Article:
“It was a pretty small archive on 57th and Broadway,” recalls Brooke. “One medium-sized room with well-oiled moveable shelves and an archivist. They made me wear the little white cotton gloves and I was only to turn the pages with a tiny silver spatula so that I wouldn’t muck up the corners of things that were already aging.”

She says her biggest advantage was that she didn’t know a ton about Woody Guthrie going in. “I was not a huge follower or aficionado in any way,” she admits. “I was blissfully ignorant, so I didn’t feel this weight of having to honor any tradition or stay true to some voice other than my own. And my biggest and most lovely surprise was that his daughter, Nora, felt the same way.”

Nora, it seems, urged Brooke to put her stamp, and her voice, on her findings. “I would find these little treasures in his notebooks, or snippets of songs or poems or crazy ranting and ravings that he wrote on hotel napkins and wrapping paper, and she would say, ‘Awesome, go for it, he’d be thrilled. Make it about you. Bring it into your world. That’s what is going to be most exciting about it.’”

Brooke approached the process like an office job for about a week—going in every day and sifting through all the things that Guthrie wrote as poems or songs. There were 26 folders alphabetized by title, as well as journals, art sketchbooks, and six feet of wrapping paper that he had typed on, single-space, for the entire length.

“He had Huntington’s disease,” she says, “so there was some really poignant stuff—you could see his handwriting change as the illness progressed. Some of the later lyrics, though simple and plaintive, were the most compelling to me.”

Brooke’s goal was simply to choose stuff that moved her in some way. Back home, she would leaf through all her choices and randomly land on one. “And almost every time it felt like a melody appeared really quickly,” she says. “It was the most painless creative stretch I think I’ve ever had. It seemed effortless—almost like he was on my shoulder just saying, ‘giddy up.’”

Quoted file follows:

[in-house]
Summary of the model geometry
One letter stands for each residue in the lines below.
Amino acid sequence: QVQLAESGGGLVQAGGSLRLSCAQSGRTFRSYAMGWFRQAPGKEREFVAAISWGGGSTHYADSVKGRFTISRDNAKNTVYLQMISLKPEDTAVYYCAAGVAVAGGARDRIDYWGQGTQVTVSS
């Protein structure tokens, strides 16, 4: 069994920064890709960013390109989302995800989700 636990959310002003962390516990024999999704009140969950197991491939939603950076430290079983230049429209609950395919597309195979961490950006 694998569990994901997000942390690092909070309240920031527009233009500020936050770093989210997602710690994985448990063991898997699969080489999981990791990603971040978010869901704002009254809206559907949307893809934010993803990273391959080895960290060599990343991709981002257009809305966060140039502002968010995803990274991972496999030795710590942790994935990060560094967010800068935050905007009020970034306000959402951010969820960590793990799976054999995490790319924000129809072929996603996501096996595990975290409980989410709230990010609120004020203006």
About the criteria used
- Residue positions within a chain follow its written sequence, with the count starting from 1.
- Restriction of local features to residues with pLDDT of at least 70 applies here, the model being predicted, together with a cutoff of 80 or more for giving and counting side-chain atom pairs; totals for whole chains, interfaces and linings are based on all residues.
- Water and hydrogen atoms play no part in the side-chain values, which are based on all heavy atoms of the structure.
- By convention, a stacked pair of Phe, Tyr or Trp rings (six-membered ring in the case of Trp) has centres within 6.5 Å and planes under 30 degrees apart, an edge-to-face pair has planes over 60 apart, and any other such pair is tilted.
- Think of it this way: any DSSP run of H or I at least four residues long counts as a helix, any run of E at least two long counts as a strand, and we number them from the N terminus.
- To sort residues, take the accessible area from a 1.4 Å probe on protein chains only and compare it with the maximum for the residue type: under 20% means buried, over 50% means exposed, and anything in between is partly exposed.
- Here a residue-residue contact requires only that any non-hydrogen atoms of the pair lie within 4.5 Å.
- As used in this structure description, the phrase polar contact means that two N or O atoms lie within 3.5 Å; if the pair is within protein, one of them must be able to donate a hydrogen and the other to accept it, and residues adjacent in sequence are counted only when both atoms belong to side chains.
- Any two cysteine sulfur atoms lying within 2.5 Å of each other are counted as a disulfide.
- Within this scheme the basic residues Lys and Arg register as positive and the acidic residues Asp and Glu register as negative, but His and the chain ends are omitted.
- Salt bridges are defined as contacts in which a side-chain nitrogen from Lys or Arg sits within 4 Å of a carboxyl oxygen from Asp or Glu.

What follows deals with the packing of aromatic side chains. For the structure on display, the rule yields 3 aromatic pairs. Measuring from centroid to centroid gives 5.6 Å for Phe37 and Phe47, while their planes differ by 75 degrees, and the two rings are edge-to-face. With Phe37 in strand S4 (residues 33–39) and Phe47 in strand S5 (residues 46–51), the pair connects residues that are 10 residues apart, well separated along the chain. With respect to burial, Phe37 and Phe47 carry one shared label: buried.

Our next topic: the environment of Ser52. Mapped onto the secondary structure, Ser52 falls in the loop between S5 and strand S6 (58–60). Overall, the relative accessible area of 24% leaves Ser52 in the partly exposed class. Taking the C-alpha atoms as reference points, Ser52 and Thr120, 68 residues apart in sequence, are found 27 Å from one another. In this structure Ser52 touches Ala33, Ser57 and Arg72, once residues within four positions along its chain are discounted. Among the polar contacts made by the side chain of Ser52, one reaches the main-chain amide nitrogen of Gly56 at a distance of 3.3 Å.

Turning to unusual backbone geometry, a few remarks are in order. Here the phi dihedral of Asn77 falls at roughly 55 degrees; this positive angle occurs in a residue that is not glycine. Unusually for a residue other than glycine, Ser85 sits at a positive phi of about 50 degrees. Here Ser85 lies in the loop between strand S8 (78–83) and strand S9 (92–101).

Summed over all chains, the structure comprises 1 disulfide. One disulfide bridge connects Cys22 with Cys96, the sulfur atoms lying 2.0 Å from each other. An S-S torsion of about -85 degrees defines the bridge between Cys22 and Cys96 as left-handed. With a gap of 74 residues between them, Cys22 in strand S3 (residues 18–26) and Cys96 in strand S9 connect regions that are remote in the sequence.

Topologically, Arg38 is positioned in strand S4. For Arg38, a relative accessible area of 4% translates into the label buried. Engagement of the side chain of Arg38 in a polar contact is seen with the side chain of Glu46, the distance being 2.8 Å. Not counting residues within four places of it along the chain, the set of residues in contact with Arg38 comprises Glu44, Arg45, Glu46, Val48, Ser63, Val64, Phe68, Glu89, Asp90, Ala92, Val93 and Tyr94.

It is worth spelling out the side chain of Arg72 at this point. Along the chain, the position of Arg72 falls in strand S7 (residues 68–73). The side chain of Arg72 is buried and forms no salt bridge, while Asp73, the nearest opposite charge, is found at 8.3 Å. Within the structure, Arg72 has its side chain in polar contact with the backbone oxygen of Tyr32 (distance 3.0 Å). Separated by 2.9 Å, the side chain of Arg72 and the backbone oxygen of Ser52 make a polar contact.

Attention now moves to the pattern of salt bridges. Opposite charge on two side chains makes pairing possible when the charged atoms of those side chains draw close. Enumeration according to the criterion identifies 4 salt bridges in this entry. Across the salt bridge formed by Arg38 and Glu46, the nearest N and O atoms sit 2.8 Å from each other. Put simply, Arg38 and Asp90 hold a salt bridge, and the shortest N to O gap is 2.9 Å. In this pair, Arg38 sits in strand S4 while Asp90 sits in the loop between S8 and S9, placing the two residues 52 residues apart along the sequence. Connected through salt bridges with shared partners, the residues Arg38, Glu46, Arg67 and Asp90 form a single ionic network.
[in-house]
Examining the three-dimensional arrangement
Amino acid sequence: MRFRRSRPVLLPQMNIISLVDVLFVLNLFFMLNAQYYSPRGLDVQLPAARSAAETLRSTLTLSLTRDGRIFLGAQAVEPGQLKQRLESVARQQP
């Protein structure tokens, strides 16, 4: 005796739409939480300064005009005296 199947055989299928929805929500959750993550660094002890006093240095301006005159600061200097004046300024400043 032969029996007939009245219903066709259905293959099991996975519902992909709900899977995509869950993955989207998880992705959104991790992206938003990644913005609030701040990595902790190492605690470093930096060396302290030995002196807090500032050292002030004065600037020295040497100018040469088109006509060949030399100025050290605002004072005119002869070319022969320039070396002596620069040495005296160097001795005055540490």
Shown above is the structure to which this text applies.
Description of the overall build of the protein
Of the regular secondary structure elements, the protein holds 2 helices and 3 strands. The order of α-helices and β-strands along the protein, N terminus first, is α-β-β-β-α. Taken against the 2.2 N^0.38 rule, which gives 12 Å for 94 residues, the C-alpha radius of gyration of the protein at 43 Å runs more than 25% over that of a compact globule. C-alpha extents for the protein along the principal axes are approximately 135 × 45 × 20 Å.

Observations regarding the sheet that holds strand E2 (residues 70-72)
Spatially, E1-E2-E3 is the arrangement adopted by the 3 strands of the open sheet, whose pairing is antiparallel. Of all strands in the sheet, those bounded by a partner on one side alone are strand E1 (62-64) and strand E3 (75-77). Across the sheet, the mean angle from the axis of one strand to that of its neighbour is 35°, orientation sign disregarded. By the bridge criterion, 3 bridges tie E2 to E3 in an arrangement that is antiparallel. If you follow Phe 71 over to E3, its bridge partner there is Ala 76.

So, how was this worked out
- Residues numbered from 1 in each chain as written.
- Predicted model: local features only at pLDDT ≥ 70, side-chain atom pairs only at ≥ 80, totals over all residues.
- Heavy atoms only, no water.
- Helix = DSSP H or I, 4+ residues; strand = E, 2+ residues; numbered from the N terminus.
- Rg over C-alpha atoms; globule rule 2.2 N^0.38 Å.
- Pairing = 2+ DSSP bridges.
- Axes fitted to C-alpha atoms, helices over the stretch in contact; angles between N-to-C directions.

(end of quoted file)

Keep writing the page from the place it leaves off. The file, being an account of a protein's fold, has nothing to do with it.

Jonatha Brooke

From MCA to DIY

Before Brooke was tackling such ambitious, independent projects as The Works, she had gone through three major label record deals in her career, and she admits she still feels a little bittersweet about the whole ordeal. “Every time it seemed like I was building steam and getting to the next level, there would either be a regime change at the label, and I was lost in the shuffle, or some idiot made a bad decision about my contract and I ended up getting dropped on a technicality,” she says with a laugh.

“It would be interesting to have a conversation with someone just starting out now to see if that gold bar is still: ‘I want a major label deal; I have to get with Sony or whomever.’ The odds are stacked against you even more nowadays because there is no artist development. If you’re not 18, and totally malleable and producible to sell two million records on the first time out, then you’re probably not going to get that major label deal. You’re not going to win the lottery,” she asserts.

Despite such candor, Brooke says she doesn’t have anything against the major labels. “You just have to go in eyes wide open,” she says. “For me it was a great way to transition into independence. The people were still there; I just had to figure out how to reach them.”

Brooke is currently orchestrating the play versions of the songs for My Mother Has Four Noses with cello and electric guitar for upcoming workshops at Midtown at Davenport Rehearsal Studio in New York City. She’s also working out the technical details so that it’s a bit more polished than a workshop would normally be.

“I think that the reason I feel so compelled to tell this story is that it’s the only way through,” admits Brooke, whose mother passed away in January. “It’s such an epidemic and we’re all going to be facing some version of it, whether we’re caregiving or we’re facing it ourselves. If you live long enough it’s kind of a 50/50 chance you might end up with some kind of dementia, so why not get it into the vernacular and talk about it, and hopefully be able to find some laughter in it.”